|[ Excerpt from The Science of Yoga, page 168 ]
In Patanjali's eight-limbed path of yoga, the first two limbs are yama and niyama, which essentially integrate into the yogic life the moral and ethical aspects necessary for both harmonious living and spiritual progression.
These are not simply religious beliefs or a cultural doctrine. They represent the wisdom passed down by the great sages of old, who through their exploration and experimentation came to a profound understanding of these fundamental truths of life.
These practices facilitate integration of the being into harmony with nature and the Universe. In some way or another, we all impinge upon these eternal truths, though we may not be entirely aware of our actions or their far-reaching implications.
The practice of observing the yamas and niyamas helps bring this into light. If encroachment upon any of these principles is at all serious, then one will be met with the impossibility of further spiritual development.
The first stage of ashtanga yoga is called yama -- the 'necessary refrains' (the don'ts). The second stage is called niyama, or the 'necessary actions' (the do's).
Yama can also be thought of as the actions or attitudes towards others, and niyama as the attitude toward oneself. Yama is the moral aspect, and niyama the ethical, so-to-speak.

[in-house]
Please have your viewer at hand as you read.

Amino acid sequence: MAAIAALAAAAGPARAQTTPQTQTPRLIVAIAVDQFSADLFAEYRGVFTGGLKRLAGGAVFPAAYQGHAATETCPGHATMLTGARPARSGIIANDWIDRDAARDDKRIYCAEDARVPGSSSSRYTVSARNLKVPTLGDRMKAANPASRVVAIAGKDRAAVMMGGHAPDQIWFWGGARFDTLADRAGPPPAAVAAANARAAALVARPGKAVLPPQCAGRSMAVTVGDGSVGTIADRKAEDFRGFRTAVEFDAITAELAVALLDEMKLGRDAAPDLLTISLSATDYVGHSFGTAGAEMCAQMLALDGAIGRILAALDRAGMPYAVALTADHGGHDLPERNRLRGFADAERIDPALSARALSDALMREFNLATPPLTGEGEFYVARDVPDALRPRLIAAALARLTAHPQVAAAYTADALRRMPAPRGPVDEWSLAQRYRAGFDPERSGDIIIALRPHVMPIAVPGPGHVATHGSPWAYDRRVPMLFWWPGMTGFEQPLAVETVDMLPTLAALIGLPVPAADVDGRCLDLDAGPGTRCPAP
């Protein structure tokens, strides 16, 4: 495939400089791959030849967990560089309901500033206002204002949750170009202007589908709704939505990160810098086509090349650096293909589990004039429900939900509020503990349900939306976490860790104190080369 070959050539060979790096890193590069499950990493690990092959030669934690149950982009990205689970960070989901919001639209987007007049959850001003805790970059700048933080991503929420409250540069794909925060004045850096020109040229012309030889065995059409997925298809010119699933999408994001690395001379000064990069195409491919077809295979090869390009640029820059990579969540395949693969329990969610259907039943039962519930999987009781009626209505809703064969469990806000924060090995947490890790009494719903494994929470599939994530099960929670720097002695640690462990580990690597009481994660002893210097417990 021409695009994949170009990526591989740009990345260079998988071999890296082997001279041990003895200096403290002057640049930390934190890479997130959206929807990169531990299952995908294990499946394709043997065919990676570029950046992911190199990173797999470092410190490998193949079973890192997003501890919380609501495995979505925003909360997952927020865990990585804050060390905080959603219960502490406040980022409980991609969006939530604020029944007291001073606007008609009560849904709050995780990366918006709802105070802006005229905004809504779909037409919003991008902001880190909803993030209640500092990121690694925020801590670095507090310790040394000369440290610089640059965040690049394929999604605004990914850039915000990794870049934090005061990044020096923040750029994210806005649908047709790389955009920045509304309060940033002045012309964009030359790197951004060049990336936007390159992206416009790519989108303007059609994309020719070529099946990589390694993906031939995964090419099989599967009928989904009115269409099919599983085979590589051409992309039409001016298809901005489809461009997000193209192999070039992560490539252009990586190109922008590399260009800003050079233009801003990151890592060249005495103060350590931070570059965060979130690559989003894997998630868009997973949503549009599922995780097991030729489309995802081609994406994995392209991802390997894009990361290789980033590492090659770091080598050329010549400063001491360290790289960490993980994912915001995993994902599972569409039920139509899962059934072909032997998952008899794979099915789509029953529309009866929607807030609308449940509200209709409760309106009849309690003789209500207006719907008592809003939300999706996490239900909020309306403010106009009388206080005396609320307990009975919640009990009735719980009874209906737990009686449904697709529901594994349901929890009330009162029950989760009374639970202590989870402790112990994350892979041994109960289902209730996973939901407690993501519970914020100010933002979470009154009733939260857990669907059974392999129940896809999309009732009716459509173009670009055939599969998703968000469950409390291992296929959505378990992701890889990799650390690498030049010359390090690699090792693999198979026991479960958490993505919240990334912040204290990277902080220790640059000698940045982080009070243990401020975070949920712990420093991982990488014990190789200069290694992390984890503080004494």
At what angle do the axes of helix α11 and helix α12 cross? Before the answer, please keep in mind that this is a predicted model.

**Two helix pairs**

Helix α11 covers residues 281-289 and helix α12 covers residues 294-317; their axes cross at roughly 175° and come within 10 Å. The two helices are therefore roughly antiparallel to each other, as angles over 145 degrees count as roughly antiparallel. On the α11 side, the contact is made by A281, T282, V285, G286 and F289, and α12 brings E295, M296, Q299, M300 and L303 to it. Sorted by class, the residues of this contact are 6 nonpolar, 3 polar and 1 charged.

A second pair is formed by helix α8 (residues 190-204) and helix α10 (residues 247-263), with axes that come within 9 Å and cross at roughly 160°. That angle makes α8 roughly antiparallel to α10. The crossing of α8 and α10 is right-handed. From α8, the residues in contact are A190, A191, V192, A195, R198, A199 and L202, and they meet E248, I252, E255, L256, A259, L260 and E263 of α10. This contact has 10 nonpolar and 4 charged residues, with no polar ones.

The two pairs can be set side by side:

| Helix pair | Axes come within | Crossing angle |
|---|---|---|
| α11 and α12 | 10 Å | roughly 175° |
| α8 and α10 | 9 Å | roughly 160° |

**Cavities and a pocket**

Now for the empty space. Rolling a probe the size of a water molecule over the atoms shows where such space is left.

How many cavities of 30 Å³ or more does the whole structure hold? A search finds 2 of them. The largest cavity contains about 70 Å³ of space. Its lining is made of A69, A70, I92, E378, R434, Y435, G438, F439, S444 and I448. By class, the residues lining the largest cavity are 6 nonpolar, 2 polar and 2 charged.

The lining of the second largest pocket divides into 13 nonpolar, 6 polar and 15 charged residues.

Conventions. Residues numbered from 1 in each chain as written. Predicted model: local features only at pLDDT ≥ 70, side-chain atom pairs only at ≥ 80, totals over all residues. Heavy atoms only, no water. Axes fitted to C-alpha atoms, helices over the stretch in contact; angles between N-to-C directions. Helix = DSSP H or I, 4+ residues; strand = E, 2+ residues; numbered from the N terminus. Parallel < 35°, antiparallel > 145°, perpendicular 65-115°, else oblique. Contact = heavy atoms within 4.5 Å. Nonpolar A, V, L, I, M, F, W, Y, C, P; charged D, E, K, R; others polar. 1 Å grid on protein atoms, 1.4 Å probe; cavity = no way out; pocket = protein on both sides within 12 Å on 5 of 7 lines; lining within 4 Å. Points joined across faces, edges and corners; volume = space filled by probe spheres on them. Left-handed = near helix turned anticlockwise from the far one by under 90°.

Since yama comes from the root word yam, which means "to hold" or "to rule," it represents the rules of behaviour that control certain negative tendencies, the animal/instinctive nature that resides in all human beings.
These rules lead to the harmonisation of the relationships between human beings as well as between humans and the all the beings in nature.
~ Yoga Sutras (Sadhana Pada, V30)
As mentioned in this sutra of Patanjali's, there are five yamas:
- Ahimsa (non-violence)
- Satya (truth)
- Asteya (non-theft)
- Brahmacharya (continence)
- Aparigraha (non-possessiveness)
Simply to observe limits on external behaviours (yamas) is not enough for evolution. Niyama constitutes the second stage of Classical Ashtanga. It refers to the organisation of the ‘inner life’. Niyamas are the rules of individual discipline.
Through the agency of these five observances, it is the goal to profoundly restructure one's pre-conditioned personality.
~ Yoga Sutras (Sadhana Pada, V32)
The Niyamas are:
- Sauca (purification)
- Santosha (contentment)
- Tapa(s) (austerity)
- Svadhyaya (Self study)
- Isvarapranidhana (adoration of the Divine)
NOTE: This yoga article is an excerpt from The Science of Yoga, an online yoga training program with streaming yoga videos and 600 pages of step-by-step yoga instruction.
"The Science of Yoga is a course worthy of
leather binding and an honored place in the
finest libraries in the world
... It is indeed a masterful work."
Dr. John Michael Christian
Learn More About
The Science of Yoga Course